Thursday, December 27, 2018

The Lowly Sifter of Wheat

There are certain people who become known by their professions. I remember one woman, when I was a child, who was known as Karen the Crossing Guard. And then there was Sam the Candy Man. In many communities there are people who are known throughout the area as "the butcher", or "the tinker". In fact, it is because of this synonymity with one's profession that many families got their surnames. That's why "Smith" is such a common last name in English.

One person, though, who will forever be remembered in this manner is Mulla Muhammad Ja'far Gandum-Pak-Kun, the "Sifter of Wheat".

He was living in Isfahan when Mulla Husayn came through to spread the new message of the Bab. He heard the message and responded immediately.

Beyond this, we don't actually know a lot about him.

We know that he met Mulla Husayn, and then the next we hear about him a few years later he is heading off to assist him at the siege of the Fort of Shaykh Tabarsi. As he's leaving Isfahan, he has his sieve with him, and people ask him where he is going in such a hurry. "I have arisen," he is reported to have replied, "to join the glorious company of the defenders of the fort of Shaykh Tabarsi! With this sieve which I carry with me, I intend to sift the people in every city through which I pass. Whomsoever I find ready to espouse the Cause I have embraced, I will ask to join me and hasten forthwith to the field of martyrdom." He joined Mulla Husayn and Quddus, and all the other defenders there, and perished during that historic battle.

So remarkable, though, was he that the Bab mentioned him in the Persian Bayan: In the land of Sad [Isfahan], which to outward seeming is a great city, in every corner of whose seminaries are vast numbers of people regarded as divines and doctors, yet when the time came for inmost essences to be drawn forth, only its sifter of wheat donned the robe of discipleship. This is the mystery of what was uttered by the kindred of the Prophet Muhammad -- upon them be the peace of God -- concerning this Revelation, saying that the abased shall be exalted and the exalted shall be abased.

Even Baha'u'llah mentioned him in, of all books, the Kitab-i-Aqdas: Call ye to mind the shaykh whose name was Muhammad-Hasan, who ranked among the most learned divines of his day. When the True One was made manifest, this shaykh, along with others of his calling, rejected Him, while a sifter of wheat and barley accepted Him and turned unto the Lord. Though he was occupied both night and day in setting down what he conceived to be the laws and ordinances of God, yet when He Who is the Unconstrained appeared, not one letter thereof availed him, or he would not have turned away from a Countenance that hath illumined the faces of the well-favoured of the Lord.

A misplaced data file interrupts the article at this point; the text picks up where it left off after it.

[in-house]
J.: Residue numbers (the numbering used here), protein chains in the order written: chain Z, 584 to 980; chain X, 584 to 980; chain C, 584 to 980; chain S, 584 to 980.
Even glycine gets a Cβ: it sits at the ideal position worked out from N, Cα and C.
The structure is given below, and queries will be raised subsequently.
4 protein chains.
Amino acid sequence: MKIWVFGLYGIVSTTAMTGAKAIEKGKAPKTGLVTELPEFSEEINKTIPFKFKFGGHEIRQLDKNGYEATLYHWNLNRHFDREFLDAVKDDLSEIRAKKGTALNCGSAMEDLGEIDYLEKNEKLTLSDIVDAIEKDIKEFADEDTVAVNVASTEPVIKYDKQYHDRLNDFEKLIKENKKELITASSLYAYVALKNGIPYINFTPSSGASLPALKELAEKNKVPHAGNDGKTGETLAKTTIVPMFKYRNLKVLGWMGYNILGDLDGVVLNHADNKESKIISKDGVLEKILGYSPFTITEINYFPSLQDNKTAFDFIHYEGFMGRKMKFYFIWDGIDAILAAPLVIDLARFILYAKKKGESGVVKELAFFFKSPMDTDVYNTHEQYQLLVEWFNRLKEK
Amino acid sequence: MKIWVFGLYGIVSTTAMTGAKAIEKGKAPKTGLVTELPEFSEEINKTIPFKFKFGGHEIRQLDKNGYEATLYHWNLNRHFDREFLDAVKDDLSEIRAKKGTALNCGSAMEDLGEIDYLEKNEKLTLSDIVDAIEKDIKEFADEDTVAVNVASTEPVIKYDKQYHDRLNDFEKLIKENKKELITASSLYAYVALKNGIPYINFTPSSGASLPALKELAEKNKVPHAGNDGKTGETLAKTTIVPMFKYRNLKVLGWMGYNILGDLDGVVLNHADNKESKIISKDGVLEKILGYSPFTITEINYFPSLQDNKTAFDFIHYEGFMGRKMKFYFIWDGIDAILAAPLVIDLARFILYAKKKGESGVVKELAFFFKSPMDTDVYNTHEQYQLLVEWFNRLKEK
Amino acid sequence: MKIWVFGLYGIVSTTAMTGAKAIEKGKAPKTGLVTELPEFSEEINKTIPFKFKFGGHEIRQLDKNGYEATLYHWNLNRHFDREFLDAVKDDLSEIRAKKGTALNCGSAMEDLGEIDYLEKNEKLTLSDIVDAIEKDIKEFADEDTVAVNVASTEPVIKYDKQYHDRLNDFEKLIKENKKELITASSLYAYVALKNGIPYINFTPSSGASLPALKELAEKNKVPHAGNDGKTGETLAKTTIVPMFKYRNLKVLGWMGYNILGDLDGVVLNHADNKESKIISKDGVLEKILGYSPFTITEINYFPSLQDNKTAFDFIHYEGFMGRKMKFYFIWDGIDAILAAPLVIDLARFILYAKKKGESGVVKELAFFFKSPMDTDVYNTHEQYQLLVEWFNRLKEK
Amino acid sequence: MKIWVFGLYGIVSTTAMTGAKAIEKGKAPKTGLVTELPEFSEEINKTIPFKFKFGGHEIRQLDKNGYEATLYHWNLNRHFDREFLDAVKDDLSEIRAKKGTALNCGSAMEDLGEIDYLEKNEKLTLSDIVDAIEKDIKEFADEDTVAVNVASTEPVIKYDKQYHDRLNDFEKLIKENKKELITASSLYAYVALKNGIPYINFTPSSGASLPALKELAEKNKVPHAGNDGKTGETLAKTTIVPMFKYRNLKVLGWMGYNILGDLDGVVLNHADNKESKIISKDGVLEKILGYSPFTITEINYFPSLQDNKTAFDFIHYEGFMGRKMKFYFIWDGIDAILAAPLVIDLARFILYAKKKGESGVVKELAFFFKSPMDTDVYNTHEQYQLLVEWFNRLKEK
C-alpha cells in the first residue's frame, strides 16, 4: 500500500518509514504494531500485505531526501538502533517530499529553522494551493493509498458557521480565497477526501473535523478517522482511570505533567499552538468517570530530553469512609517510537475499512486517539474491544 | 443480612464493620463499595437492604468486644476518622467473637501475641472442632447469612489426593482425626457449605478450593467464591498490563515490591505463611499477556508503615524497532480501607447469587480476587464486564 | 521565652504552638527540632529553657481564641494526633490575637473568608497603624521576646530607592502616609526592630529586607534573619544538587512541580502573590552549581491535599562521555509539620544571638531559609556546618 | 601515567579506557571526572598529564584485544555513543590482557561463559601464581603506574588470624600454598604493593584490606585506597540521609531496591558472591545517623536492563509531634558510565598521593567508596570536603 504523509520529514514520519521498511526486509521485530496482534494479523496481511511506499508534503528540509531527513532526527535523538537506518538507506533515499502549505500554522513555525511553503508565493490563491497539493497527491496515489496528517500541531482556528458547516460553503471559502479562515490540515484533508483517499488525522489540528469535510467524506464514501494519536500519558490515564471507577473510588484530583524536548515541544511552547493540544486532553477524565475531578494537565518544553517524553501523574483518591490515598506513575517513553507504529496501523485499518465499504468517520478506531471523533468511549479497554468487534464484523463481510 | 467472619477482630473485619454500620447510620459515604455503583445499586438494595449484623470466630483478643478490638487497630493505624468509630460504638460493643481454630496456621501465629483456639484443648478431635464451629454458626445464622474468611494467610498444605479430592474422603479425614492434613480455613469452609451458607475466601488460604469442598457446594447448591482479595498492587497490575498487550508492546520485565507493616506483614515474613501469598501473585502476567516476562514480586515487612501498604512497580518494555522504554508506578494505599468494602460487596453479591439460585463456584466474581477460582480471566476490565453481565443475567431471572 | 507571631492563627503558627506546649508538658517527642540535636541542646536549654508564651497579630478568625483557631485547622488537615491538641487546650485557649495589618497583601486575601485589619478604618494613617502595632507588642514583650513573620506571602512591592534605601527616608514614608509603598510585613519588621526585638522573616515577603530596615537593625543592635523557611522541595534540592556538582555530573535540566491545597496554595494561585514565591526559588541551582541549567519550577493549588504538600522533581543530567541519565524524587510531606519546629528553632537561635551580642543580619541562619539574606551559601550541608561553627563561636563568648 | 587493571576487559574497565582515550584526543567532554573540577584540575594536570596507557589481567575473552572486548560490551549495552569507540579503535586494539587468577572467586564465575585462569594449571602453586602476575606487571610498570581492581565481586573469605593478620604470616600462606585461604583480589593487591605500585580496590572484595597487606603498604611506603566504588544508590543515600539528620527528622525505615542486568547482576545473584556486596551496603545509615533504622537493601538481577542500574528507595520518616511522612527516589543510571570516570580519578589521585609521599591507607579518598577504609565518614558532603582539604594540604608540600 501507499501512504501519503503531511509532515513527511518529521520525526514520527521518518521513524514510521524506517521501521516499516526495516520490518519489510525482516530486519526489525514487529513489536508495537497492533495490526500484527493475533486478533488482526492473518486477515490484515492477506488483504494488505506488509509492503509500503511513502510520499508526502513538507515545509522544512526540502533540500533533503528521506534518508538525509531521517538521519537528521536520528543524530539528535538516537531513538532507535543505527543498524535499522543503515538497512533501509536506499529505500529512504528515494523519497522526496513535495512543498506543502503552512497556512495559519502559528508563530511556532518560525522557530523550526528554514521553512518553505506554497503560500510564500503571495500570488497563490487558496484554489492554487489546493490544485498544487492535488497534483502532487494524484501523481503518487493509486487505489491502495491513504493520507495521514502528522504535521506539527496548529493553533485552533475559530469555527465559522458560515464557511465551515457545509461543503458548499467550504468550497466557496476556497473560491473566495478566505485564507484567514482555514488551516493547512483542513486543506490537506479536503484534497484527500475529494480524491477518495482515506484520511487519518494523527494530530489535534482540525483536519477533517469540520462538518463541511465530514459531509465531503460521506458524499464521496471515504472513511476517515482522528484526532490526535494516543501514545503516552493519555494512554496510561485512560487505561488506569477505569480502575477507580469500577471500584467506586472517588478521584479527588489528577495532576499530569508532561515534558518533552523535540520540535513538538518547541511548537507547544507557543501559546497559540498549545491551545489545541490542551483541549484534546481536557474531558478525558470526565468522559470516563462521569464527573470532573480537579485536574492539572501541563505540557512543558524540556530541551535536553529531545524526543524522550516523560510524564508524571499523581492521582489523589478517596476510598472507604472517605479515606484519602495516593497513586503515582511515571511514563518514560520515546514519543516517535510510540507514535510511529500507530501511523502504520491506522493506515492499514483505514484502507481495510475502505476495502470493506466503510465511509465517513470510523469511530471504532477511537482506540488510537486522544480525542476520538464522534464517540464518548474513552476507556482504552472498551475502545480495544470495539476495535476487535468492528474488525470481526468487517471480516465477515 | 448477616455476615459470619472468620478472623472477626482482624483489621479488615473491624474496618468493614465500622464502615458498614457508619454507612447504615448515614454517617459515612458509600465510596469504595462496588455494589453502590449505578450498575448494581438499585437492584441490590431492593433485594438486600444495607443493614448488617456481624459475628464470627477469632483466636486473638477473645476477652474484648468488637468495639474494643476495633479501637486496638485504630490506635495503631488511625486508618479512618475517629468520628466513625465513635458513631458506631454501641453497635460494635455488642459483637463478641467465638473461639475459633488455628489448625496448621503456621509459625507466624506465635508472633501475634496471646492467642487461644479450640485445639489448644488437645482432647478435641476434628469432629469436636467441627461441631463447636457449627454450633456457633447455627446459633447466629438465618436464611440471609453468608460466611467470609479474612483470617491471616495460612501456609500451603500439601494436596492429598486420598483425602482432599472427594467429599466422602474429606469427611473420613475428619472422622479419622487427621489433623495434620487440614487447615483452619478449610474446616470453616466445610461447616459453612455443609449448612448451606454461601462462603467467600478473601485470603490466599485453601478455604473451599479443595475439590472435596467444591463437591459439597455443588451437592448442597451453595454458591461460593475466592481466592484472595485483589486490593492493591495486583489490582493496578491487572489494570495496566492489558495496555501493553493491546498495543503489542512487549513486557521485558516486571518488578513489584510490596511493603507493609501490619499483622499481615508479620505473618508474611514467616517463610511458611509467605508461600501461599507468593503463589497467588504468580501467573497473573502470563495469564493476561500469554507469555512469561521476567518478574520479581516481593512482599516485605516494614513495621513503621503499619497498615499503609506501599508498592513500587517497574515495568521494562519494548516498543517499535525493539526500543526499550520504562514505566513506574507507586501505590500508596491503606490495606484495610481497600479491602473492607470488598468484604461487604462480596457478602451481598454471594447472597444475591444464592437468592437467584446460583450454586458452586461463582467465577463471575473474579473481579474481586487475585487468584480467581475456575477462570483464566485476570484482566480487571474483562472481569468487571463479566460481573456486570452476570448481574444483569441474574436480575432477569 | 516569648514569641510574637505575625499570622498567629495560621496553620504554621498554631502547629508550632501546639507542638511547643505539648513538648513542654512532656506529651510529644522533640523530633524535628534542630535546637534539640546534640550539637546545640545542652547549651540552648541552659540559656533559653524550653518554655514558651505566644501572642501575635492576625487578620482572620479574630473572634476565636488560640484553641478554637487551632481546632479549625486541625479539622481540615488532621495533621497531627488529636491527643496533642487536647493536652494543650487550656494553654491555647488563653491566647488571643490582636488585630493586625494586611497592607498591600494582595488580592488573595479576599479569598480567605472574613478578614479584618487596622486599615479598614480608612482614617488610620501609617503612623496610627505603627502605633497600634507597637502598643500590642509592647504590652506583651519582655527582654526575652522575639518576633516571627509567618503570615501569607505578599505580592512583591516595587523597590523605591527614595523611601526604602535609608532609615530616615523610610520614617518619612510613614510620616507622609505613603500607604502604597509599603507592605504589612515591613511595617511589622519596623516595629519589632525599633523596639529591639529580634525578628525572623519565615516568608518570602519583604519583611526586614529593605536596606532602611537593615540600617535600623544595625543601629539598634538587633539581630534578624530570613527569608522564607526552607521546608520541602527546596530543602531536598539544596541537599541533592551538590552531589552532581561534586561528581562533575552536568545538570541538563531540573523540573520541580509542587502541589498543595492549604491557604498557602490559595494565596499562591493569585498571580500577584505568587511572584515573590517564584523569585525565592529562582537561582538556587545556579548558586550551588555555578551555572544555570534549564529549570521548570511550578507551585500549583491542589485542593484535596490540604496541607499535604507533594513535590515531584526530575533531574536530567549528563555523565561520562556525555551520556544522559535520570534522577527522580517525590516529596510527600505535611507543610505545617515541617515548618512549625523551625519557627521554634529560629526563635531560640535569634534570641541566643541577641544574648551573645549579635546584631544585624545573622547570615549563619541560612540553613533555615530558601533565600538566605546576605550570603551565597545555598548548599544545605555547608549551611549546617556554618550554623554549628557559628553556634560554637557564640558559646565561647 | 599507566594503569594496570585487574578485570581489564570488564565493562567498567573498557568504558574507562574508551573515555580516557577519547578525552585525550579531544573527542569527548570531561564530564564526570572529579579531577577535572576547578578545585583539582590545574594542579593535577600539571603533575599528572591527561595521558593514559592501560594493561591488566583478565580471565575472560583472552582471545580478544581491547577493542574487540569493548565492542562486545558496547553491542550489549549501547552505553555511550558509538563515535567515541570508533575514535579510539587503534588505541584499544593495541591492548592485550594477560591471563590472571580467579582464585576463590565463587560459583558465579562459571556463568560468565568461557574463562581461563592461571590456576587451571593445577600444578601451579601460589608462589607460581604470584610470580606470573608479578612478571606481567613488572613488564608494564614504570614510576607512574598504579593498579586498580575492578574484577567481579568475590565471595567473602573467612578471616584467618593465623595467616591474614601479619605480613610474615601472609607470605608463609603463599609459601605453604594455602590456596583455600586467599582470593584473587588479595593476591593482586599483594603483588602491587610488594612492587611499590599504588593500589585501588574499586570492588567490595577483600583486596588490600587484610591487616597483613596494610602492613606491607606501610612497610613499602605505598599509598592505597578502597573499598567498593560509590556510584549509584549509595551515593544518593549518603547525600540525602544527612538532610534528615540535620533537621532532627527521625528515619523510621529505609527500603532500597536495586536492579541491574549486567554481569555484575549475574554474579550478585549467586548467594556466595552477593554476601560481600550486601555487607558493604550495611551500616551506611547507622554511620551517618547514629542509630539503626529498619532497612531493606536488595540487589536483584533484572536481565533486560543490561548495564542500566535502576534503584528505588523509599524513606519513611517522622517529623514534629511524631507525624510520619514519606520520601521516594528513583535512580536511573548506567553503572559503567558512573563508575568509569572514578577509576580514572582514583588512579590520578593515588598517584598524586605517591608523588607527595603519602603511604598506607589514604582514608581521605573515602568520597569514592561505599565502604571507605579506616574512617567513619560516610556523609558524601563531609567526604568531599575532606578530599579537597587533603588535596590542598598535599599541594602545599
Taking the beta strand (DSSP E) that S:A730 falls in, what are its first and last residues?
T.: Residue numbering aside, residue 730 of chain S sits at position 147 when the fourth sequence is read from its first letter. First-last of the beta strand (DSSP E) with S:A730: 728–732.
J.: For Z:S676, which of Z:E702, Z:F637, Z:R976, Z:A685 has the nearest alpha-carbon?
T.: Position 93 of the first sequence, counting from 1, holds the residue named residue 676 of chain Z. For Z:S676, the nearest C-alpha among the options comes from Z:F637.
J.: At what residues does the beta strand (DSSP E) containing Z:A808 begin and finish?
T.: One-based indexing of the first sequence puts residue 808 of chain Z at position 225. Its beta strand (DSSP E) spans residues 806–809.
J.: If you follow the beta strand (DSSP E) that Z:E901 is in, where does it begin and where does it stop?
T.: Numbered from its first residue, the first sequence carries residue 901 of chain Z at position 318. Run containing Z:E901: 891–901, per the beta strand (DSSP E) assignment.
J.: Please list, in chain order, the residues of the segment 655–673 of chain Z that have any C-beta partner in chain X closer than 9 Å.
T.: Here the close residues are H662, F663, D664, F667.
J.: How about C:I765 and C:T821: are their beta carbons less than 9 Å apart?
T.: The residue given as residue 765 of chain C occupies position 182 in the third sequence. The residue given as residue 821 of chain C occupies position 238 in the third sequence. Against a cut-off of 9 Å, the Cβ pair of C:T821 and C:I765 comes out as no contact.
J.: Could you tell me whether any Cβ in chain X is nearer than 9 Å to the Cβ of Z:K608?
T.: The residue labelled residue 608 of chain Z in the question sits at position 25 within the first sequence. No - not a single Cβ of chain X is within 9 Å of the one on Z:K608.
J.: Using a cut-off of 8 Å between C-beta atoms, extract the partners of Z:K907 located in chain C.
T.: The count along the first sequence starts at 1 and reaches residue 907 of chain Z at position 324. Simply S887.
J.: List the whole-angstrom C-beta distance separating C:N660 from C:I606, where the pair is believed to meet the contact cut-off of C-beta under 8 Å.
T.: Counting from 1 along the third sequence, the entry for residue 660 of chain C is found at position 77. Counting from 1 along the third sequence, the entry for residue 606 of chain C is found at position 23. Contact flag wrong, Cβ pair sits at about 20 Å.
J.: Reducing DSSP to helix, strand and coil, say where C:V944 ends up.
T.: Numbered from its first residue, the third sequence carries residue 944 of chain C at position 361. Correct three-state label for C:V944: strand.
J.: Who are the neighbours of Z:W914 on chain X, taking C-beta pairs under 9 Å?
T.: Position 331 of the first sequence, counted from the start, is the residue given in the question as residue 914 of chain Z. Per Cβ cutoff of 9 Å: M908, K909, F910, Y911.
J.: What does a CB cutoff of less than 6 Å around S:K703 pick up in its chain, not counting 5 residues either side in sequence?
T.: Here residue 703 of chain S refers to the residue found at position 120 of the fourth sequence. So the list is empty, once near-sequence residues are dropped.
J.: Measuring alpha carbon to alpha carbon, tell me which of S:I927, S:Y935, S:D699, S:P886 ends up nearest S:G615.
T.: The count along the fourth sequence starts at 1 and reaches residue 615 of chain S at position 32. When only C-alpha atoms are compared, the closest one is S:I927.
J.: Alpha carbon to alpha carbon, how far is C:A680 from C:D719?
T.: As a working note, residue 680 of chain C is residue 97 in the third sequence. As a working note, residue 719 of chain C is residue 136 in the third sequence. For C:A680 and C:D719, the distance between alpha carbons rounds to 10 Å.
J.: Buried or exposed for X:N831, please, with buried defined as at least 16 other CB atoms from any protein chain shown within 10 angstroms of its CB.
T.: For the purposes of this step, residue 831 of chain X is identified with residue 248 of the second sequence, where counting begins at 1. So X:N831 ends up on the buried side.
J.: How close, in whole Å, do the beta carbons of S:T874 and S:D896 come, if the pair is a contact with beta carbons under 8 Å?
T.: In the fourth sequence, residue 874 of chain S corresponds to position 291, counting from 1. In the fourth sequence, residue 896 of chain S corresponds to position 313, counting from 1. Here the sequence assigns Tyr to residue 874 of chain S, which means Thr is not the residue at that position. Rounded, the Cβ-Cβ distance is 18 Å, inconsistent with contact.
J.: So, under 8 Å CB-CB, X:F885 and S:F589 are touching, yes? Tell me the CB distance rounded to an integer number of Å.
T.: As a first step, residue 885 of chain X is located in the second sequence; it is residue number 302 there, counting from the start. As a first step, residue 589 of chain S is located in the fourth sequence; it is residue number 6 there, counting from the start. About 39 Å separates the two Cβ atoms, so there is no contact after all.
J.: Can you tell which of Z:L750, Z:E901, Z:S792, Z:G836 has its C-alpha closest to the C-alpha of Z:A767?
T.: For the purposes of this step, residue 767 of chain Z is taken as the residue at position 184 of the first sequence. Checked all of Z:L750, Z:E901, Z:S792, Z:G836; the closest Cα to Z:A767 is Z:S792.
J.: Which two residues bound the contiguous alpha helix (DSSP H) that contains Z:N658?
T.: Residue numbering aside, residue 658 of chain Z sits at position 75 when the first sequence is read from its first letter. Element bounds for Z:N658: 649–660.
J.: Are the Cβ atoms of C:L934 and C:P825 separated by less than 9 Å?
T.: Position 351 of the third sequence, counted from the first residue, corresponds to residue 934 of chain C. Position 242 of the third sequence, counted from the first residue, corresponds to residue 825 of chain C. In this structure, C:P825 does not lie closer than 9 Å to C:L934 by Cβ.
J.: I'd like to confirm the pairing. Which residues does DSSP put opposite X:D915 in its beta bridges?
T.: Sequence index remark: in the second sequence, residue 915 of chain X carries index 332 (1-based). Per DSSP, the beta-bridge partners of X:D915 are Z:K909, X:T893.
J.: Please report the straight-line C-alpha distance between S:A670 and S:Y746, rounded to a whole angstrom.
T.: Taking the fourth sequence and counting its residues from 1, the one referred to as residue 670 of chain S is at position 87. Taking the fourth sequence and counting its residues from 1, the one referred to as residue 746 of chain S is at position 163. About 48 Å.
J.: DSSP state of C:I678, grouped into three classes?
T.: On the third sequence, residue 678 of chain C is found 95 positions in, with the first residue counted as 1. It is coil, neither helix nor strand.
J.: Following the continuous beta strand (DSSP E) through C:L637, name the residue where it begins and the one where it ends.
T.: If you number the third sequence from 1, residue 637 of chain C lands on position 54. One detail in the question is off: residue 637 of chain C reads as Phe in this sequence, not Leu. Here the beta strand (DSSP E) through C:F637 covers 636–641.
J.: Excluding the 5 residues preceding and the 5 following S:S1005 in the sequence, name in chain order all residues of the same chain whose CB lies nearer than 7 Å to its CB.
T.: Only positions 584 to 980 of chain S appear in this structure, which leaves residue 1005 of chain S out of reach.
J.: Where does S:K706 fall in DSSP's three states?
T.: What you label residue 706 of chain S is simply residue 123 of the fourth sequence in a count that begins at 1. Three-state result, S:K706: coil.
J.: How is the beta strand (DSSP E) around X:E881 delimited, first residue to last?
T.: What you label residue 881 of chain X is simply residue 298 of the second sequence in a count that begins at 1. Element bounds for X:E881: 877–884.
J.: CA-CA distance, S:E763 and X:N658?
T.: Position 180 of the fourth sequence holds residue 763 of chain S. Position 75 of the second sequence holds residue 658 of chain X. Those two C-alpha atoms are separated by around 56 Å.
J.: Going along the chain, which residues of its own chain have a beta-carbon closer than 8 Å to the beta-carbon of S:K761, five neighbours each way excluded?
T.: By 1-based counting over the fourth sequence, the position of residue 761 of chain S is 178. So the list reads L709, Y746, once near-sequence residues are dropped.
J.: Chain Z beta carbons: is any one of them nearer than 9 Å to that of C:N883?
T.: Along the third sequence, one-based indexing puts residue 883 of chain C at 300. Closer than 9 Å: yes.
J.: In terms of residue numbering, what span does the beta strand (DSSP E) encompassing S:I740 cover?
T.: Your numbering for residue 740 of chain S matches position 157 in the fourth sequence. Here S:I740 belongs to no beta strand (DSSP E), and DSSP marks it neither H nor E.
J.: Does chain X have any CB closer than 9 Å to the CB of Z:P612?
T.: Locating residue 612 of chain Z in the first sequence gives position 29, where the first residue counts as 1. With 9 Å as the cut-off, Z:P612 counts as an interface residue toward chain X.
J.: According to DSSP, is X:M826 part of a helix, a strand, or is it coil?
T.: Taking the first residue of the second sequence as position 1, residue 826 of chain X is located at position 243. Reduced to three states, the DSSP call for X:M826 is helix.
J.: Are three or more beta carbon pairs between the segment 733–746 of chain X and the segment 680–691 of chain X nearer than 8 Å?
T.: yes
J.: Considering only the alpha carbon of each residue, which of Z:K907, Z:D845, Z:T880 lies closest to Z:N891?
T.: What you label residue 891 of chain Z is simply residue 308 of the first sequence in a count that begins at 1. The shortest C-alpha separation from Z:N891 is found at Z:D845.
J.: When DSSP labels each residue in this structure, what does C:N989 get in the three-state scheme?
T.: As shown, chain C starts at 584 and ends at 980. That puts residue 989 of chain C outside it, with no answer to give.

For someone about whom we know so little, he has certainly been given a great place in our history.

So what does all this have to do with us today?

Great question. Before I answer that, though, I need to share an observation.

One interesting aspect of this story is the speed at which it must have occurred. We know that Mulla Husayn first recognized the Bab during the evening of 22 May, and that he was the only Letter of the Living for a period of 40 days, or until 1 July. We also know that the Bab left Shiraz for His pilgrimage on 3 October. This means that there were only 95 days between the other Letters of the Living arriving in Shiraz and the Bab leaving on His pilgrimage.

Sometime after the other Letters of the Living arrived, the Bab prepared each of them to go out and face the tasks and tests awaiting them. Mulla Husayn He sent north, first to Isfahan. It was there that he met Mulla Jafar, the Sifter of Wheat. While he was in Isfahan at this time, he also presented the message of the Bab to a number of the scholars there, all of whom rejected the message.

He then continued on to Kashan, Qum and Tehran. In each of these cities he presented the message to the learned at various schools. It was also during this time that he heard about Baha'u'llah and sent a message especially to Him. From there he continued on to Mashad, where he wrote down what had happened during his journey, and sent this letter back to the Bab in Shiraz, who proceeded to leave on 3 October.